Lincoln Center’s President Quits After a Single, Rocky Year

“While we have achieved a lot together over the past year,” Lincoln Center’s president, Debora L. Spar, said in a statement on Friday, “I have also questioned whether the role is right for me.”

Lincoln Center can’t seem to catch a break.

First Jed Bernstein, its president, was forced to step down 27 months into the job, after the discovery that he had been in a relationship with a staff member.

Now Mr. Bernstein’s successor, Debora L. Spar, the former president of Barnard College, has announced her resignation, just one year after starting in the position.

“Moving from academia to the performing arts world pushed me to think, learn and lead in new ways,” Ms. Spar said on Friday afternoon in a letter sent to colleagues. “While we have achieved a lot together over the past year, I have also questioned whether the role is right for me.”

“As I looked back on the last 12 months, I ultimately determined that the fit I’d hoped for has not materialized,” she continued. “It is for this reason that I have decided it is best for the organization for me to step aside.”

Brought in from outside the arts, Ms. Spar is leaving after a rocky year. Lincoln Center dramatically scaled back plans to rebuild David Geffen Hall; ended one of its summer mainstays, the Lincoln Center Festival; endured tensions between longtime senior staff and members of Ms. Spar’s new team; and grappled with financial challenges, projecting a deficit this year.

Her departure comes only six months after the decision to scuttle the expensive gut renovation of Geffen Hall, the New York Philharmonic’s home at the center, and seek simpler ways to improve it. When Ms. Spar, who started a $400 million capital campaign at Barnard, took over, the plans for the hall were considerably more ambitious, with most of the money needed for the project — estimated at more than $500 million — still to be raised.

But in October, Lincoln Center and the Philharmonic, spooked by the rising price tag and projections that the orchestra would need to leave the hall for several years during construction, announced they were drastically scaling back. It was a major setback for a project that has been mulled for nearly 20 years, and threw cold water on the fire finally ignited by a $100 million gift from the entertainment mogul David Geffen in 2015. After the decision to abandon the gut renovation, Mr. Geffen expressed frustration at the lack of additional support for the project from other wealthy donors.

Lincoln Center has insisted the more minimal plan is not an admission of failure. “We’ve got some great plans that everyone is very excited about,” Katherine Farley, Lincoln Center’s chairwoman, who led the center and oversaw the Geffen Hall rebuilding plans for almost a year between Mr. Bernstein’s departure and Ms. Spar’s arrival, said in an interview.

The revision of the hall’s plans was driven by Deborah Borda, the powerful arts leader who was named president and chief executive of the Philharmonic last year. In an interview, Ms. Borda disputed the idea that there was a clash between her and Ms. Spar.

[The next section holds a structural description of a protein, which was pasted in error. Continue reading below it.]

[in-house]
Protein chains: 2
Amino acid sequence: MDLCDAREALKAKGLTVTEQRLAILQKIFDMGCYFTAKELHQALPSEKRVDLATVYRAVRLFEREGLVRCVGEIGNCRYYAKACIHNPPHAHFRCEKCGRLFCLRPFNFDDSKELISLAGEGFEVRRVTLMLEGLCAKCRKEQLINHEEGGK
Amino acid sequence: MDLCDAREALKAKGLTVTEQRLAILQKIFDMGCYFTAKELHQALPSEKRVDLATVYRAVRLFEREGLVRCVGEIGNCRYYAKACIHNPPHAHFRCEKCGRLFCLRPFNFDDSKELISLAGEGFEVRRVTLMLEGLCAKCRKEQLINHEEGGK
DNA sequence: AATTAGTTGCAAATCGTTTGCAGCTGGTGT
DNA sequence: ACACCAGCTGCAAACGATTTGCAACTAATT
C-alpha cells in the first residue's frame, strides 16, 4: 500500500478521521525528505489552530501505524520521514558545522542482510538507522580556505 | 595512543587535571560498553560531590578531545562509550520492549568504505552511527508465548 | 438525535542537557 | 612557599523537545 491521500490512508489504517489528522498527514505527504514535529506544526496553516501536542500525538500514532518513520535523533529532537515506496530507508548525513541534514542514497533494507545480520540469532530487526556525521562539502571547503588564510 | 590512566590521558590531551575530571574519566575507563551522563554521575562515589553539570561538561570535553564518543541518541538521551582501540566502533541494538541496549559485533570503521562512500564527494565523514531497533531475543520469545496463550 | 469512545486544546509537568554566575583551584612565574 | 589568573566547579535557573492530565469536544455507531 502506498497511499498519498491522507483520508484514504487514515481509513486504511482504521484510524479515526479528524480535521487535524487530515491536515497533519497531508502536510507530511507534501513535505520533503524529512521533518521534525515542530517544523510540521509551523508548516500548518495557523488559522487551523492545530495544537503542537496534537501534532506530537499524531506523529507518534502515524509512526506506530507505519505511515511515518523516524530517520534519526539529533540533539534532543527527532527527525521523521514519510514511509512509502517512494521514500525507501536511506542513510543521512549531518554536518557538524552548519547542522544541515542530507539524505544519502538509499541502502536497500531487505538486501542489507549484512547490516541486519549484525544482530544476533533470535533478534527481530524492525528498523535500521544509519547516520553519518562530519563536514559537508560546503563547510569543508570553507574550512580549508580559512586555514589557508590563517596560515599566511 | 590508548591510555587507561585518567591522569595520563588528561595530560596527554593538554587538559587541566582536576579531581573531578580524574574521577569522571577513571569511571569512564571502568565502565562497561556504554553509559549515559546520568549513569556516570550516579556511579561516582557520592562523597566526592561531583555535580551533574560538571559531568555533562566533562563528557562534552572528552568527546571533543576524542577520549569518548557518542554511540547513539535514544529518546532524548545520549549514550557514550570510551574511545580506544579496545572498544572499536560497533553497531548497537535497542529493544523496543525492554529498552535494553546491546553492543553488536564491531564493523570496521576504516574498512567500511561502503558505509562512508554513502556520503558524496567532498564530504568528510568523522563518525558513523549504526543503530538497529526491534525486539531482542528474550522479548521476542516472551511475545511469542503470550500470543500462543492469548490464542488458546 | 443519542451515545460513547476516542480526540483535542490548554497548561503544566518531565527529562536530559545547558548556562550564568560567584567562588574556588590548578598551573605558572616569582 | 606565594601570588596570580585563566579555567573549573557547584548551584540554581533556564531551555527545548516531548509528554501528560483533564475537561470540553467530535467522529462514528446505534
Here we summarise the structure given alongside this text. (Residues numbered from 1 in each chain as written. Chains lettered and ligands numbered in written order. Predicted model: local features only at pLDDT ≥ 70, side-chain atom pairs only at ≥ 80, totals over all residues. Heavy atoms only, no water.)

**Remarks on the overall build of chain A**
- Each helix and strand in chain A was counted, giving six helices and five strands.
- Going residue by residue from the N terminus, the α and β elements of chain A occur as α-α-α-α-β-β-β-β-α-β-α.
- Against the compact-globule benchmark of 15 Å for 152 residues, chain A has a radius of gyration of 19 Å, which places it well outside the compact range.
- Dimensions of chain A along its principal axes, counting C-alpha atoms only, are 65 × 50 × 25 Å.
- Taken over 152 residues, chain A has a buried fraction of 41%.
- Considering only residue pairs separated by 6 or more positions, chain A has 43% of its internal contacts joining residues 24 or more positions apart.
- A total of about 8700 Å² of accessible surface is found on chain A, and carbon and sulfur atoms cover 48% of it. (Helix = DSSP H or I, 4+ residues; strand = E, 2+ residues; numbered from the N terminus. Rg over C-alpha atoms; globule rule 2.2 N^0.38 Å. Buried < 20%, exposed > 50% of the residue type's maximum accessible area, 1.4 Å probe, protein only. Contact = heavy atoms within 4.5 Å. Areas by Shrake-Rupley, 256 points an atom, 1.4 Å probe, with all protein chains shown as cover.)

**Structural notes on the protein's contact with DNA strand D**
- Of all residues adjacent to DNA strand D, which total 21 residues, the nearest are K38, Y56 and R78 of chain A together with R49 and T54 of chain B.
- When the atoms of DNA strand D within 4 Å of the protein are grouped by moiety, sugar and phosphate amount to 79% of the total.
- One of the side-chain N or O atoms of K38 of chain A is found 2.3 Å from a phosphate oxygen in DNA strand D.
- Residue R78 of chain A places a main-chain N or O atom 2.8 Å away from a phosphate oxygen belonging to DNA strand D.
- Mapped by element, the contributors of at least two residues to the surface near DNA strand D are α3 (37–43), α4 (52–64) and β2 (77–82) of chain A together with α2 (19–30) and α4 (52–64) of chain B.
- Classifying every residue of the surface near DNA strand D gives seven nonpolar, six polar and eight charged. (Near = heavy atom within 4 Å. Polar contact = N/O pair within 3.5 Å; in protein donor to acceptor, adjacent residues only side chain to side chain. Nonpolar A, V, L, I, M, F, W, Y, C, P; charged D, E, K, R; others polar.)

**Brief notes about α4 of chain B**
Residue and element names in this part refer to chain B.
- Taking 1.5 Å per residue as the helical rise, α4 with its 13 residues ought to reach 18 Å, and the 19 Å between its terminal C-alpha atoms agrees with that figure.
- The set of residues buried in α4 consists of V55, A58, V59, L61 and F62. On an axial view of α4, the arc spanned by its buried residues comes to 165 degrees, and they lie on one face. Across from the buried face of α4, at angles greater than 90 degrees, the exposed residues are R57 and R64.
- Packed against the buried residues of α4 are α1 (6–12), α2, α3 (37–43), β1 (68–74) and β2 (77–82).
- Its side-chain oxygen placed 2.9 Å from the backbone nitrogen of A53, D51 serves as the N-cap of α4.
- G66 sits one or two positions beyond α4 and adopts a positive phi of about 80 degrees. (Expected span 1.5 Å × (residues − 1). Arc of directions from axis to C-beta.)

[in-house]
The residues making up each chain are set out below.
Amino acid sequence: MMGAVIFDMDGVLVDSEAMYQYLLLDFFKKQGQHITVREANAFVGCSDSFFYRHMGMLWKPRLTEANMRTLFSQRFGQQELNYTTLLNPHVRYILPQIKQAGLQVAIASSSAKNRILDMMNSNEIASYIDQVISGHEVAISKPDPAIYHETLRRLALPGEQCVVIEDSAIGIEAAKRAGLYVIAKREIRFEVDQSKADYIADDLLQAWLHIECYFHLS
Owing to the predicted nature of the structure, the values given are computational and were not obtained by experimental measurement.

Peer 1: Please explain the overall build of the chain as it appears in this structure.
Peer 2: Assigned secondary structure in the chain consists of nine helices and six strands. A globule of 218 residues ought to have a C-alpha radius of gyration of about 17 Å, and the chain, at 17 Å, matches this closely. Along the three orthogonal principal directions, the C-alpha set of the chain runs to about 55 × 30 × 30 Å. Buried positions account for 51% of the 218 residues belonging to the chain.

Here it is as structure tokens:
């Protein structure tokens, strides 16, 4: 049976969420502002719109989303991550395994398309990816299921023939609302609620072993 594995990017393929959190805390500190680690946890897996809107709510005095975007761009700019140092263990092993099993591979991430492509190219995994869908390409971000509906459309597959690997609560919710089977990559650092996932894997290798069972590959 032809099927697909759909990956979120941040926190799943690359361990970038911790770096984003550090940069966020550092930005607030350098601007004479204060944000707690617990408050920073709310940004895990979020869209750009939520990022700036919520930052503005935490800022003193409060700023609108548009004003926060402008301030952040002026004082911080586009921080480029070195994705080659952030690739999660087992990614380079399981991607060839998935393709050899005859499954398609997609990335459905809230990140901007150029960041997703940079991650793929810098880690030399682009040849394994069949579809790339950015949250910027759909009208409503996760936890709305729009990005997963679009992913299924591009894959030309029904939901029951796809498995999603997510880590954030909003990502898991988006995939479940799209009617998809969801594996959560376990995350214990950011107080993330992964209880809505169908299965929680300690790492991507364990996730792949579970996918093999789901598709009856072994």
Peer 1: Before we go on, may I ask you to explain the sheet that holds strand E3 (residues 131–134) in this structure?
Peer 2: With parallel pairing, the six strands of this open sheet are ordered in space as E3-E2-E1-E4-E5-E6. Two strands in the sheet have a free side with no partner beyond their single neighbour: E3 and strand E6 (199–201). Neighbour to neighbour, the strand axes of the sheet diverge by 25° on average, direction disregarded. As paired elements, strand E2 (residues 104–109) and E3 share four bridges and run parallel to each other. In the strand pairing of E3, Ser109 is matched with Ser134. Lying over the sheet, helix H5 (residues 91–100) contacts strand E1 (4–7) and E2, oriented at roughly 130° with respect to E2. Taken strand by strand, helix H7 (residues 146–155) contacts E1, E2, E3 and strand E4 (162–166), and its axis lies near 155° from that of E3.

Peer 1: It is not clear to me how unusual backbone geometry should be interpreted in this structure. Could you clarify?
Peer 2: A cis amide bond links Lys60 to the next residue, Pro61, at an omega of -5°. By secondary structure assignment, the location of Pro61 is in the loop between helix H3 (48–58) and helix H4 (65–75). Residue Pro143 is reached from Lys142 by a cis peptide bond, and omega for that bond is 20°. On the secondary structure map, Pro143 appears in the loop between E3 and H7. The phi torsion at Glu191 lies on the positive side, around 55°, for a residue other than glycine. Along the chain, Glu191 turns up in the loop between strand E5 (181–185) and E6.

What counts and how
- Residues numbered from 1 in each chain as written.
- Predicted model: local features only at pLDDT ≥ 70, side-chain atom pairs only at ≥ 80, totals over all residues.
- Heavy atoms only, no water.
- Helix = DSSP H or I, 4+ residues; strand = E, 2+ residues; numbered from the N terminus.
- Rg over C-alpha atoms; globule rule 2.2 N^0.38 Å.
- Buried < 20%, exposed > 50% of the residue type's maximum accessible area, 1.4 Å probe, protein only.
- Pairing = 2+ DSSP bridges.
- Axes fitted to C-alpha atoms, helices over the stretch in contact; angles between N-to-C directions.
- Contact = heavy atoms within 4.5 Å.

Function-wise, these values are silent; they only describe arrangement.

“She was a great partner to work with on the hall,” Ms. Borda said. “I think she just felt this wasn’t a good fit.”

The Geffen Hall project was not the only retrenchment under Ms. Spar’s watch. In November, the center announced it was pulling the plug on its namesake summer festival in an effort to save money and focus its offerings. But such cuts have not erased the financial struggles facing the center, which said that it is projecting a deficit for the fiscal year that ends in a few months, its first in years.

There has also been turnover among the center’s senior staff. Lesley Rosenthal, the center’s general counsel for 13 years, will leave to become chief operating officer at the Juilliard School this summer.

Soon after she arrived, Ms. Spar hired Bret Silver, who worked with her at Barnard, to be chief strategy and external relations officer. Tamar Podell, the center’s longtime development chief, now reported to Mr. Silver, and chafed at the arrangement, according to two people familiar with recent personnel discussions.

At one point, those people said, Ms. Podell signaled she intended to leave Lincoln Center, but is now staying, according to the center, which declined to comment further on personnel matters. Ms. Podell did not return a call seeking comment. Reached by telephone, Ms. Spar declined to elaborate on her statement.

Given Lincoln Center’s recent history, the 11-year tenure of Reynold Levy, who stepped down in 2013 after overseeing a $1.2 billion overhaul of the center’s campus, looks like the exception. His predecessor, Gordon J. Davis, resigned abruptly in 2001 after a stormy tenure that lasted just nine months.

Ms. Farley said that Lincoln Center’s board would initiate a formal search for her successor in the coming weeks. Russell Granet, the center’s executive vice president of education and community engagement since 2012, has been named acting president.

In a letter to the center’s staff, Ms. Farley wrote, “We understand you may have questions about this change.” She added that there would be a staff meeting on Monday at noon, when “we will have the opportunity to discuss the transition and answer your questions in person.”

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